Fecundity Profundity

Nature does go about its business expeditiously. Each flowering plant gets its slot during the year. Even now, before the grass is green and leaves have developed, seeds are being made.

In flowers.

In catkins.

At least I think those are catkins. I am not sure what sort of tree is producing those.

Catkins, or aments, are surprising things, a variation on flowers basically. Most folks are unaware of them. Many are wind-blown, as are these. Birch produce catkins, those long drooping things, looking like a soft dull green/brown pine cone.

Right now I am looking to nature to find hope for this world and for lessons of the cycles of life. But yet, I worry. All of this is so delicate, the process, I mean, and how nature has spent millions of years finding that balance.

Ah, Balance, Balance, Balance.

Do I sound like Chance the Gardner? “As long as the roots are not severed, all is well. And all will be well in the garden.”

How is your balance? What simple but profound insight do you have for today?




47 thoughts on “Fecundity Profundity”

  1. Elwood P. Dowd: Years ago my mother used to say to me, she’d say, “In this world, Elwood, you must be” – she always called me Elwood – “In this world, Elwood, you must be oh so smart or oh so pleasant.” Well, for years I was smart. I recommend pleasant. You may quote me.

    Liked by 4 people

  2. Nice pictures, Clyde; I love seeing the new life starting to grow. And I love catkins.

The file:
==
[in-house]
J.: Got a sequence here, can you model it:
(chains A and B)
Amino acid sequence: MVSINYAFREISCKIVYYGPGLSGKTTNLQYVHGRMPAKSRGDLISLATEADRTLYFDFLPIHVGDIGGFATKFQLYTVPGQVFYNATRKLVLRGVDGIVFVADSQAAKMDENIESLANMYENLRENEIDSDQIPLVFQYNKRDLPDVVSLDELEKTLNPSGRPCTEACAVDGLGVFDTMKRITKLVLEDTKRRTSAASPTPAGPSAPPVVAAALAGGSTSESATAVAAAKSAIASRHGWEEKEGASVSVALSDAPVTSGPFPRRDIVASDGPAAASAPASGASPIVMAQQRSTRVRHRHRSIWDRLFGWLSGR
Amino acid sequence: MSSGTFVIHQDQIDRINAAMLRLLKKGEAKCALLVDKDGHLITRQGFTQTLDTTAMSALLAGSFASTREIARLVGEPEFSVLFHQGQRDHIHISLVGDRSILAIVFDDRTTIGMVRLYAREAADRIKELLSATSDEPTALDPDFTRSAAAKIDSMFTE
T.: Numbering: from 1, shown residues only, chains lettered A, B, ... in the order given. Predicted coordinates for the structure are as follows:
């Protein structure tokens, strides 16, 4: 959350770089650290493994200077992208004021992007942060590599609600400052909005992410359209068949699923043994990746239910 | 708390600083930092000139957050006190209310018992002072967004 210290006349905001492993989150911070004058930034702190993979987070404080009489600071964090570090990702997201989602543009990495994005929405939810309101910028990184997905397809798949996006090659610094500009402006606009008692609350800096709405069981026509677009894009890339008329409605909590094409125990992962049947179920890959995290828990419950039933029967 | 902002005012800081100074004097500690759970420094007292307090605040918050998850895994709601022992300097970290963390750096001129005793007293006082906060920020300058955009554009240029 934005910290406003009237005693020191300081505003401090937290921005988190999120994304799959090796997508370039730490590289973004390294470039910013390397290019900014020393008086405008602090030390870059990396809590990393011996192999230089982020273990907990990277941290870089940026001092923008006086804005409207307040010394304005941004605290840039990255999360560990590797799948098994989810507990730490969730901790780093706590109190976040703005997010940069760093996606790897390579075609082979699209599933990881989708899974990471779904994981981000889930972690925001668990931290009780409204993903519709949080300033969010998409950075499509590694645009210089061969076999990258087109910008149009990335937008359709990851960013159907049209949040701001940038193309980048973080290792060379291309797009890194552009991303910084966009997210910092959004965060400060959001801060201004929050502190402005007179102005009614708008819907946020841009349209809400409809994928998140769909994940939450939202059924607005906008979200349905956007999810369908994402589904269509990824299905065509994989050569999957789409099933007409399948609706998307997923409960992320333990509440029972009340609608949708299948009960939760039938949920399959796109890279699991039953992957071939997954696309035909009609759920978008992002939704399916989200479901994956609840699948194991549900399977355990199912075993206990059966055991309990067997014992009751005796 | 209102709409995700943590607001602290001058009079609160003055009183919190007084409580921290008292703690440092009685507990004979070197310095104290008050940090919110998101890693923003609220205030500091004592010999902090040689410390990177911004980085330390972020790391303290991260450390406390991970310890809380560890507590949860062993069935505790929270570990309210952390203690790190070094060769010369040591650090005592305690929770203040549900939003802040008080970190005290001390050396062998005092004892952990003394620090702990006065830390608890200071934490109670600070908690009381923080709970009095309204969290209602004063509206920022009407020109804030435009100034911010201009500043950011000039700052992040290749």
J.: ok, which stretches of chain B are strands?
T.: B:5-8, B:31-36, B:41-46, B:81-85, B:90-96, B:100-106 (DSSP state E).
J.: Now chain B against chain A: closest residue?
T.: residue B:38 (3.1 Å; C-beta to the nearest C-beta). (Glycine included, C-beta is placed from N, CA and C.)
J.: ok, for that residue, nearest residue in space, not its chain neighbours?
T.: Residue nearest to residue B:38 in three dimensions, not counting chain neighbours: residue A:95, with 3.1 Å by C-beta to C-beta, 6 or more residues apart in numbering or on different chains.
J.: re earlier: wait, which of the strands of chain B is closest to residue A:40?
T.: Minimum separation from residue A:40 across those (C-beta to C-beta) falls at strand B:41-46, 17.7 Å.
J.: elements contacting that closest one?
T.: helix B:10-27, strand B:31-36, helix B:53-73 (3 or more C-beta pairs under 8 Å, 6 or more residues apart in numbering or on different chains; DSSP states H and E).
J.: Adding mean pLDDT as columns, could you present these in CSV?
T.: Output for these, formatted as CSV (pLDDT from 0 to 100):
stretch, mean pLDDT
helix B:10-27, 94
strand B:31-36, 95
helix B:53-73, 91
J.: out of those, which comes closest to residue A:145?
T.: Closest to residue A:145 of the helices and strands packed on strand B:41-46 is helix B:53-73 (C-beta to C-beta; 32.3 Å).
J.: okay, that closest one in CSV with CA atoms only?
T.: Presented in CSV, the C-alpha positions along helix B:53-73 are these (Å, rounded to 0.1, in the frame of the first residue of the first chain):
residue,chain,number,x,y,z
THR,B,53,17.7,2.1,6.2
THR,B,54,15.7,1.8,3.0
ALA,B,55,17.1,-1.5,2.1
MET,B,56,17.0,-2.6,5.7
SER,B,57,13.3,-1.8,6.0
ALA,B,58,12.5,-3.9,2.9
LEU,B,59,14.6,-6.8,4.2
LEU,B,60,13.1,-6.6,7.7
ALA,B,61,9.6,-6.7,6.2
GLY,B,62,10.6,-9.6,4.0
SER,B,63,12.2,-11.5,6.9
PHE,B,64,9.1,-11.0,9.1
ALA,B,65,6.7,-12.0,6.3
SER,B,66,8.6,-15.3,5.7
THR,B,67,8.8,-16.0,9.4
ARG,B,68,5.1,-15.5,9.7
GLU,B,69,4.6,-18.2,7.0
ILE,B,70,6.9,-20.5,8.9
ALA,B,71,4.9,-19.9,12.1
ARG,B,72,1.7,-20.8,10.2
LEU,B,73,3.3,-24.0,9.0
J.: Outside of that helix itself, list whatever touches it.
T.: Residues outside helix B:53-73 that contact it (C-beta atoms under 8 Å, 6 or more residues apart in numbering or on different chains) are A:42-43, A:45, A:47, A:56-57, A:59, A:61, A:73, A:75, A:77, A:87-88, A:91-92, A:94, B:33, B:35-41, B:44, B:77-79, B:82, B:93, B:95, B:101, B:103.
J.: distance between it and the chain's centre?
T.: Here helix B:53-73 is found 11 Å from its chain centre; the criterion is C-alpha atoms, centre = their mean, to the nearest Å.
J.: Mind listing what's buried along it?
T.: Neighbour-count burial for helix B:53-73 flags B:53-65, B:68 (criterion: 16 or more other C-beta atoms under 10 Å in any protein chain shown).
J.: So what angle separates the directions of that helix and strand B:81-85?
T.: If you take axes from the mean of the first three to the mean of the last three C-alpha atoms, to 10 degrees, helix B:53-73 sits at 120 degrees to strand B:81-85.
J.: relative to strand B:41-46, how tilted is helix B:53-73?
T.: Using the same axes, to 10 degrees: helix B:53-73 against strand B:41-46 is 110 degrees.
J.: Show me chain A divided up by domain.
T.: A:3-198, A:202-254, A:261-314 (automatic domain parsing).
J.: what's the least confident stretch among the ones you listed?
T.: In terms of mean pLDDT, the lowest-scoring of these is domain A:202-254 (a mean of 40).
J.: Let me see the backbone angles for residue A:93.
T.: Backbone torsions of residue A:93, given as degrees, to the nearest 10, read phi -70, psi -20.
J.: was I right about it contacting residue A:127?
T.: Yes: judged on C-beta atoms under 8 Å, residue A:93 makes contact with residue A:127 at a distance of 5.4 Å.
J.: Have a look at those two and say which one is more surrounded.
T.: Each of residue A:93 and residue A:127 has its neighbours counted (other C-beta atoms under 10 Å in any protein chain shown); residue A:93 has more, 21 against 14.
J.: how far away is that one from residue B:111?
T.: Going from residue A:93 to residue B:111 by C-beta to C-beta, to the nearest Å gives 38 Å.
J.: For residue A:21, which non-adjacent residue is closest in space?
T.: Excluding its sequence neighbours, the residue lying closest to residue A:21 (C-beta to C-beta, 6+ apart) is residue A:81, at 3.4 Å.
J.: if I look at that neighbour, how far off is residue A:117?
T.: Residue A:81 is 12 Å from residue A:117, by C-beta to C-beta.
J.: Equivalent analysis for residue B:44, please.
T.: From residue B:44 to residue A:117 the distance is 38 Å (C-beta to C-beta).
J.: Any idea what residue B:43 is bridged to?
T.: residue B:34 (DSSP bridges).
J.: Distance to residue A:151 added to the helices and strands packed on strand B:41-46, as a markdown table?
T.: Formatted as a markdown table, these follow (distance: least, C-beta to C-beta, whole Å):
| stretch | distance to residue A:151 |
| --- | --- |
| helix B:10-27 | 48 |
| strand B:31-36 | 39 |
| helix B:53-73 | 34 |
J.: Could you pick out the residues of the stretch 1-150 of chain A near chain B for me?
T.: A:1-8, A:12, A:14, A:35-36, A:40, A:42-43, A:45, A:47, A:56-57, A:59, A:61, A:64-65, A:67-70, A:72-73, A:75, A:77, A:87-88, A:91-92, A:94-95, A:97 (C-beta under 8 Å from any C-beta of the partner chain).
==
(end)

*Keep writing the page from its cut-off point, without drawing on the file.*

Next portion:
My balance these days is not so good. It’s not a healthy lifestyle in so many ways, but it should be over in 3 weeks and then I can get back to a more balanced life.

    The only insight I can give is a quote from Dr. Scott on Dinosaur Train (a kids’ PBS show): “Get outside, get into nature, and make your own discoveries.”

    Liked by 6 people

  3. i love being there
    i love jerzey kozinski
    the theme behind jerzey kosinski is to eliminate all but the absolute required words
    no waste no fluff
    that may have broad merit in life
    the native americans (my people) lived within the circle of life clyde refers to. it is easily missed in today’s world where it is possible to bypass contact with nature and other human beings quite easily
    is life from within or from outside
    yes is the answer
    now find the question

    Liked by 3 people

  4. My only simple but profound thought for today is “Let sleeping babies and their parents sleep, and get up and make your own coffee”.

    Balance? Well, perhaps I have balance now, as I feel in a less stressed place than I was in March and April. Thst said, March and April were stressful, and perhaps I am just in the eye of the hurricane right now.

    Liked by 2 people

  5. Rise and Balance, Baboons,

    This must be a cosmic theme this week. I hope the link below works. I showed this video yesterday in group for a mindfulness exercise. This woman’s balance is so engaging, pulling me into her balance.

    Liked by 5 people

    1. It’s also an excellent demonstration of how little it takes to disturb the balance of something. Human beings seem to forget that with all of their human doings.

      Liked by 2 people

  6. As thought-provoking as it is inevitable, death comes to each of us in due time. It’s what we do in the interim that matters.

    I don’t mean to sound morbid, but as I’ve aged I’ve come to realize that death is not the ultimate insult or something that won’t ever pertain to me. Rather I now think of it as the ultimate conclusion to this stage of life. I find that thought rather comforting on this lovely spring day when rebirth is evident all around me.

    Liked by 5 people